Rob led me around the house and showed me an office in which some of his favorite images were hanging. Among his exquisite works were mixed in various prints that I instantly recognized ad those of the masters of old and the whole tour felt like a personal trip to some amazing museum archive. I even got to handle a few real Autochromes and examined them under a loop! There were WAY too many things that I saw that raised goosebumps upon my skin. It was like walking in a dream - everything was real though. His lab was incredible and he quickly showed me where he silvers the plates, buffs them out, fumes them with iodine and bromine and finally develops them with mercury. 90% of the equipment he uses is custom-manufactured by Rob himself and the craftsmanship and attention to detail is of the utmost highest degree.
Then it was time to go and take an all-too-quick look at his camera collection. I say it was quick, but we must have spent a good hour in his garage/storage space and probably didn't pay any attention to but 1/50th of all that was there. Among the most memorable cameras shown to me was this fantastic king of all toy cameras - a Kookie Kamera from late 50s. This thing actually was meant to be loaded with direct-positive paper and chemicals in a tank in its back and would actually produce a real black and white print in minutes! That's what some lucky kids got to play with back in the day. Here's Rob showing it off - you can just see how much he gets a kick out of it.
And here is another amazing little find that is nestled upon the crowded shelves - I have never seen such degree of proportions between a camera and its flash. Mind you - the blue flash bulb is a regular-size one of about 1.5in in height.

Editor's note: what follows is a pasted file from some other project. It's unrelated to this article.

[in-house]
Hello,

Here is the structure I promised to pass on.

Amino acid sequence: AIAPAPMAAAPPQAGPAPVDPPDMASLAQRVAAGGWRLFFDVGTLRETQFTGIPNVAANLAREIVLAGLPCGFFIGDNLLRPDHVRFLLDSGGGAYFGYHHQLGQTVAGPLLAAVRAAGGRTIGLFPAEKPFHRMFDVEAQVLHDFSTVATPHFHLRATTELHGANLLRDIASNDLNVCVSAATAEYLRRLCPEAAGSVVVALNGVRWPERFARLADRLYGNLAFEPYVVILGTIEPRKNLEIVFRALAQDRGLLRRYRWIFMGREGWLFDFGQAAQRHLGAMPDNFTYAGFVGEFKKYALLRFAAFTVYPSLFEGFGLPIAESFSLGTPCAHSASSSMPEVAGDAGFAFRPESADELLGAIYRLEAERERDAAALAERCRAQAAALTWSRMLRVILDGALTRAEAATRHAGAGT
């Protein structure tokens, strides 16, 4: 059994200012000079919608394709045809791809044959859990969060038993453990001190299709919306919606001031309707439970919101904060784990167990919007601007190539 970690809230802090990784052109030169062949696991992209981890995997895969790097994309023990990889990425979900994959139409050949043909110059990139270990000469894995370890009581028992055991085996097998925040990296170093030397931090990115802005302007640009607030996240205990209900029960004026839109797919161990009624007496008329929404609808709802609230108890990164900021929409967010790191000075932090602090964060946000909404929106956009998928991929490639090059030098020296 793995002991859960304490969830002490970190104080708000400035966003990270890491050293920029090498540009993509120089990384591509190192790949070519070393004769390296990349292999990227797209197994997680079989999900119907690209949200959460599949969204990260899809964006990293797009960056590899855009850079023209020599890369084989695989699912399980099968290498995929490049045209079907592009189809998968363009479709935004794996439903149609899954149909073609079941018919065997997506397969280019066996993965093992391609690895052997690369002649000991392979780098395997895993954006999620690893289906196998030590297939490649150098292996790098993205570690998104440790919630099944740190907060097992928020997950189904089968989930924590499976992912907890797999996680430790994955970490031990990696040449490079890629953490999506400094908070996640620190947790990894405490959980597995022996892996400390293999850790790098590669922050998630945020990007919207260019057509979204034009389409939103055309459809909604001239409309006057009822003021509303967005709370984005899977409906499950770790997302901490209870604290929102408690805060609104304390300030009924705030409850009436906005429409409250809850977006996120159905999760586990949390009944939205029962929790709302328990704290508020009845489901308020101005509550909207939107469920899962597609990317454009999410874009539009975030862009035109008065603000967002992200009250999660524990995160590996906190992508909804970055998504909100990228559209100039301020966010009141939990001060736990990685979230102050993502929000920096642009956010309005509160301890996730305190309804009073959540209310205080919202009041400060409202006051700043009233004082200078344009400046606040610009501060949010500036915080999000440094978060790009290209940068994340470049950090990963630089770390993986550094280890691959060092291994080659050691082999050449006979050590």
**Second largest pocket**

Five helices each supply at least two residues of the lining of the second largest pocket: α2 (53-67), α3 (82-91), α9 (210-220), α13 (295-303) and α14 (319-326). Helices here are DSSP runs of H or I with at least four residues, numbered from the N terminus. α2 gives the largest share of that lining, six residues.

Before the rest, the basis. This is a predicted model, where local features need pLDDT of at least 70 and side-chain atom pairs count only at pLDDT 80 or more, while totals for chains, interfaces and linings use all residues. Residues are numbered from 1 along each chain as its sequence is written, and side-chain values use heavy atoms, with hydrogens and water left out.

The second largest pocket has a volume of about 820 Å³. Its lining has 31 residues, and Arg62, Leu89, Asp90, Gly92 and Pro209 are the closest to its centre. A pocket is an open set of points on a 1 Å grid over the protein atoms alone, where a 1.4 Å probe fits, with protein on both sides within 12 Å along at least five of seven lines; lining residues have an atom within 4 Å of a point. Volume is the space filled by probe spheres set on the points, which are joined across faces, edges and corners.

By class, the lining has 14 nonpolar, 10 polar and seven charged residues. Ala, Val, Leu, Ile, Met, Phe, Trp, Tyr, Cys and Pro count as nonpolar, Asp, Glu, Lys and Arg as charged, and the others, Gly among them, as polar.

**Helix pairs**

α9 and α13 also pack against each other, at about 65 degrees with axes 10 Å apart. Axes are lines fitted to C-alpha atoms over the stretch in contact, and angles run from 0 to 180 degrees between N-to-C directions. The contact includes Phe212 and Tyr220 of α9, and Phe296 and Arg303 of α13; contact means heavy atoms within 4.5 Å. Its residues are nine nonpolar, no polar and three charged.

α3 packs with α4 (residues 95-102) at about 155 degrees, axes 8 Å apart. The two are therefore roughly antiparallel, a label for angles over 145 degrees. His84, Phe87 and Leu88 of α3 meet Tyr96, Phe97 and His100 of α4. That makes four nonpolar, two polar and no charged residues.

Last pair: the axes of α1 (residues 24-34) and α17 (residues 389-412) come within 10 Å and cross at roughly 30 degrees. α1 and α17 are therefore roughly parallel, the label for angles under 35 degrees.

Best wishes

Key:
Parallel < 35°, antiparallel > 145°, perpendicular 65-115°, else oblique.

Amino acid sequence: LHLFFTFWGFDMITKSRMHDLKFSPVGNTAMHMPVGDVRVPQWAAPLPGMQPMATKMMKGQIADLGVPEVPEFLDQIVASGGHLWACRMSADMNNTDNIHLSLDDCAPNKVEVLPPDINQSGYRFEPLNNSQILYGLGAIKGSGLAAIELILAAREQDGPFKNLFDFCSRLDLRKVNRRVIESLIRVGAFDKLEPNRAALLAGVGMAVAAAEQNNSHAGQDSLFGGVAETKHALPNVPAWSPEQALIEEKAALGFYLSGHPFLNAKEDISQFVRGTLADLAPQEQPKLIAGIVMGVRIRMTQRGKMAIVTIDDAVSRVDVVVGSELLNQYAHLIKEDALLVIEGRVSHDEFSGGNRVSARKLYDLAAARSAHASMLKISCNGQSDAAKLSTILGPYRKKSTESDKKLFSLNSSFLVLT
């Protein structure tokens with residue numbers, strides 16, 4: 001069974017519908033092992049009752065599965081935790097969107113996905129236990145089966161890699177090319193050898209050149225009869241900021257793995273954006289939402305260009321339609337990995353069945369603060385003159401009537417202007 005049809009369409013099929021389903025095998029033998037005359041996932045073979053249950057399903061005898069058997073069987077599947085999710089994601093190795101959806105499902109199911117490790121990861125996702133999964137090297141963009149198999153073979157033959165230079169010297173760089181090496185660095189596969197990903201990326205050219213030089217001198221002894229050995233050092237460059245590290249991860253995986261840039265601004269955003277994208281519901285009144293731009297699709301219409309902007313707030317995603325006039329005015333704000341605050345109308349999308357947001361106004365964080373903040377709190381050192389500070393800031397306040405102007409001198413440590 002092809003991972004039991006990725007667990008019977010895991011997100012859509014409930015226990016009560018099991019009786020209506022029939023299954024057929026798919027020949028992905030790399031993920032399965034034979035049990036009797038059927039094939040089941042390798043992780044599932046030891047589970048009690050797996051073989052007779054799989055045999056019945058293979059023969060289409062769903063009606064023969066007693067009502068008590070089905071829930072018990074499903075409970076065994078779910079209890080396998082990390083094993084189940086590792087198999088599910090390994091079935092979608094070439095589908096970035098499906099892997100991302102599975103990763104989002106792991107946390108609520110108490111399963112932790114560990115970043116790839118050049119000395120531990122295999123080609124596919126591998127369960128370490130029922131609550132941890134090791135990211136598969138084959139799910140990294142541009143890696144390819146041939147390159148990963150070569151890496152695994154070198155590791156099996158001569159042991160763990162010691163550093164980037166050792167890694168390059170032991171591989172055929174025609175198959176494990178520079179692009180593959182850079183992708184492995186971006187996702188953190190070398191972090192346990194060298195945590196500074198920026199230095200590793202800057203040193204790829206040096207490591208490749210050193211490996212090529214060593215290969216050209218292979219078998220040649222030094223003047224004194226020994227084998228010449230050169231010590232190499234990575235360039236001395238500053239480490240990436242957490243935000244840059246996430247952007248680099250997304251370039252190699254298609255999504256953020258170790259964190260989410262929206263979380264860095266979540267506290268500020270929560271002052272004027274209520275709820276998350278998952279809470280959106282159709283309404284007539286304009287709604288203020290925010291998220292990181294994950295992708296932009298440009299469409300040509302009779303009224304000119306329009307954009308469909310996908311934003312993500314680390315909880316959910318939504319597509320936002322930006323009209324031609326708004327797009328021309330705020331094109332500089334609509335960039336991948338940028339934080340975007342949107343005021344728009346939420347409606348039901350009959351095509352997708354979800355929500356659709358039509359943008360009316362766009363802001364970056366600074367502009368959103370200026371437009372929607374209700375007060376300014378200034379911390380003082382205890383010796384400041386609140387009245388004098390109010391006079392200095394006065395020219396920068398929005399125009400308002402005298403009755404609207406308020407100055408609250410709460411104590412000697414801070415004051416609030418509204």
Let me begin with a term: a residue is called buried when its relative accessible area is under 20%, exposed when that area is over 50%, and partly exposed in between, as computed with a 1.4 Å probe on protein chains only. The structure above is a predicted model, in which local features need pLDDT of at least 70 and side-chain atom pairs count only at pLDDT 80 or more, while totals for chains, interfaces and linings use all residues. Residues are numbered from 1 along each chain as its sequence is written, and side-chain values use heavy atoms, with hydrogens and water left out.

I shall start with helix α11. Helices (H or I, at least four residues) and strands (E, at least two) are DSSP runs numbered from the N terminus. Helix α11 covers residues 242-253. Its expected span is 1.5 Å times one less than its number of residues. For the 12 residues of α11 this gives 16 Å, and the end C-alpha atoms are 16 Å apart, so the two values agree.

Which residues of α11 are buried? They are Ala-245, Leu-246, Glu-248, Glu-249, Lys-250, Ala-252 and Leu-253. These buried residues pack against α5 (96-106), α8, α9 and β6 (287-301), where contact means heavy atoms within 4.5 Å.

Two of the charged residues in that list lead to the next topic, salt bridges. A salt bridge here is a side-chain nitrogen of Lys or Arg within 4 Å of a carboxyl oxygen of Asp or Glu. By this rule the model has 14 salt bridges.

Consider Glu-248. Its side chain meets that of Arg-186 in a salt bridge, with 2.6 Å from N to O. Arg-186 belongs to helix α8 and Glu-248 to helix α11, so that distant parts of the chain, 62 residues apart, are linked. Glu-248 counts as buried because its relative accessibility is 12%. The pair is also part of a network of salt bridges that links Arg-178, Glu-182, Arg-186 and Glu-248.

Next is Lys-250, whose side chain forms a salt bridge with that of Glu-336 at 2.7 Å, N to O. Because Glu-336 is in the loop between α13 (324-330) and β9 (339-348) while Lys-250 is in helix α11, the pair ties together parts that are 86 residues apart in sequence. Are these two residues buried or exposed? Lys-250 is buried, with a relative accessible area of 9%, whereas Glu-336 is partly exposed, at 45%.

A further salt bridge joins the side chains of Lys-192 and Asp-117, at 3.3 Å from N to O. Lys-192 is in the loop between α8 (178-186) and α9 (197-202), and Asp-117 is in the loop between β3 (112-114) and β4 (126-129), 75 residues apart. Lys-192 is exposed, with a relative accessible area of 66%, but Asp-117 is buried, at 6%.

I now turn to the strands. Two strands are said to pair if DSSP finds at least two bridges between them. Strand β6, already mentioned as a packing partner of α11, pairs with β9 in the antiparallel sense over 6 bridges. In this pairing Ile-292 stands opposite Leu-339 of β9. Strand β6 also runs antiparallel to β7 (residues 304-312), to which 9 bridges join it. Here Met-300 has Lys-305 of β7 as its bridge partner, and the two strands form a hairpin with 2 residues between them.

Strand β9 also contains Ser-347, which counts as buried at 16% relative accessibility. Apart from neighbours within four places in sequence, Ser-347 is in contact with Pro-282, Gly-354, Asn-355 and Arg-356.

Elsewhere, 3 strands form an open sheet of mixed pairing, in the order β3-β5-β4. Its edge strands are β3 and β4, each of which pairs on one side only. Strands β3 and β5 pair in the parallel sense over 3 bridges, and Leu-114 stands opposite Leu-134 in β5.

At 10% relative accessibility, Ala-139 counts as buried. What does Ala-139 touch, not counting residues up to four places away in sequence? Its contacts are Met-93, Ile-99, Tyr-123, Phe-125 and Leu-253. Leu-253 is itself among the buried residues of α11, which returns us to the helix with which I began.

I don't think I have ever met a man that was more into photographic paraphernalia than Mr. McElroy and I truly loved being in his company. His girlfriend Patsy was a delightful conversationalist as well, as I found out over a couple of drinks that she was kind enough to provide us in a local bar after the prolonged tour that Rob led me upon. She is a more scheduled type though and I could see that being inside the garage surrounded by boxes stacked higher that one could reach made her rather nervous - I bet deep inside she wants to At Least dust all that stuff off and alphabetize it all.
I was feeling like an intruder and kept apologizing for showing up unannounced at such a special time to which both of them kept re-assuring me that it's not a big deal. Empowered by that I hung around till 3am looking at things that I have never seen and may never see again and loving every second of it.
Rob - THANK YOU and HAPPY BIRTHDAY!
In the morning Rob actually bought a print from me in support of my goal of taking that workshop and (I hope) also because he liked the image. It was an image from my BFA show showing back-lit fern leaves and the pattern of their vein structure and shadows that they threw upon each other. It was one of my favorite images out of the 365 that I did print for that show and it stood out strongly from all the rest as it was one of a handful that was not a candid street portrait. When questioned by a professor about its nature and whether it belonged in the documentary show called 'The City', I replied that 'it belonged in the city as much as I do'.
Buffalo is a pretty neat-looking town and right now I'm going to head to see Niagara Falls before leaving town and heading west. I think it's going to be fun seeing the falls at night - something different and in-tune with the rest of this crazy adventure.
Don't know where I will be stopping before I make my way to Minnesota - the road is long and serendipitous adventures await!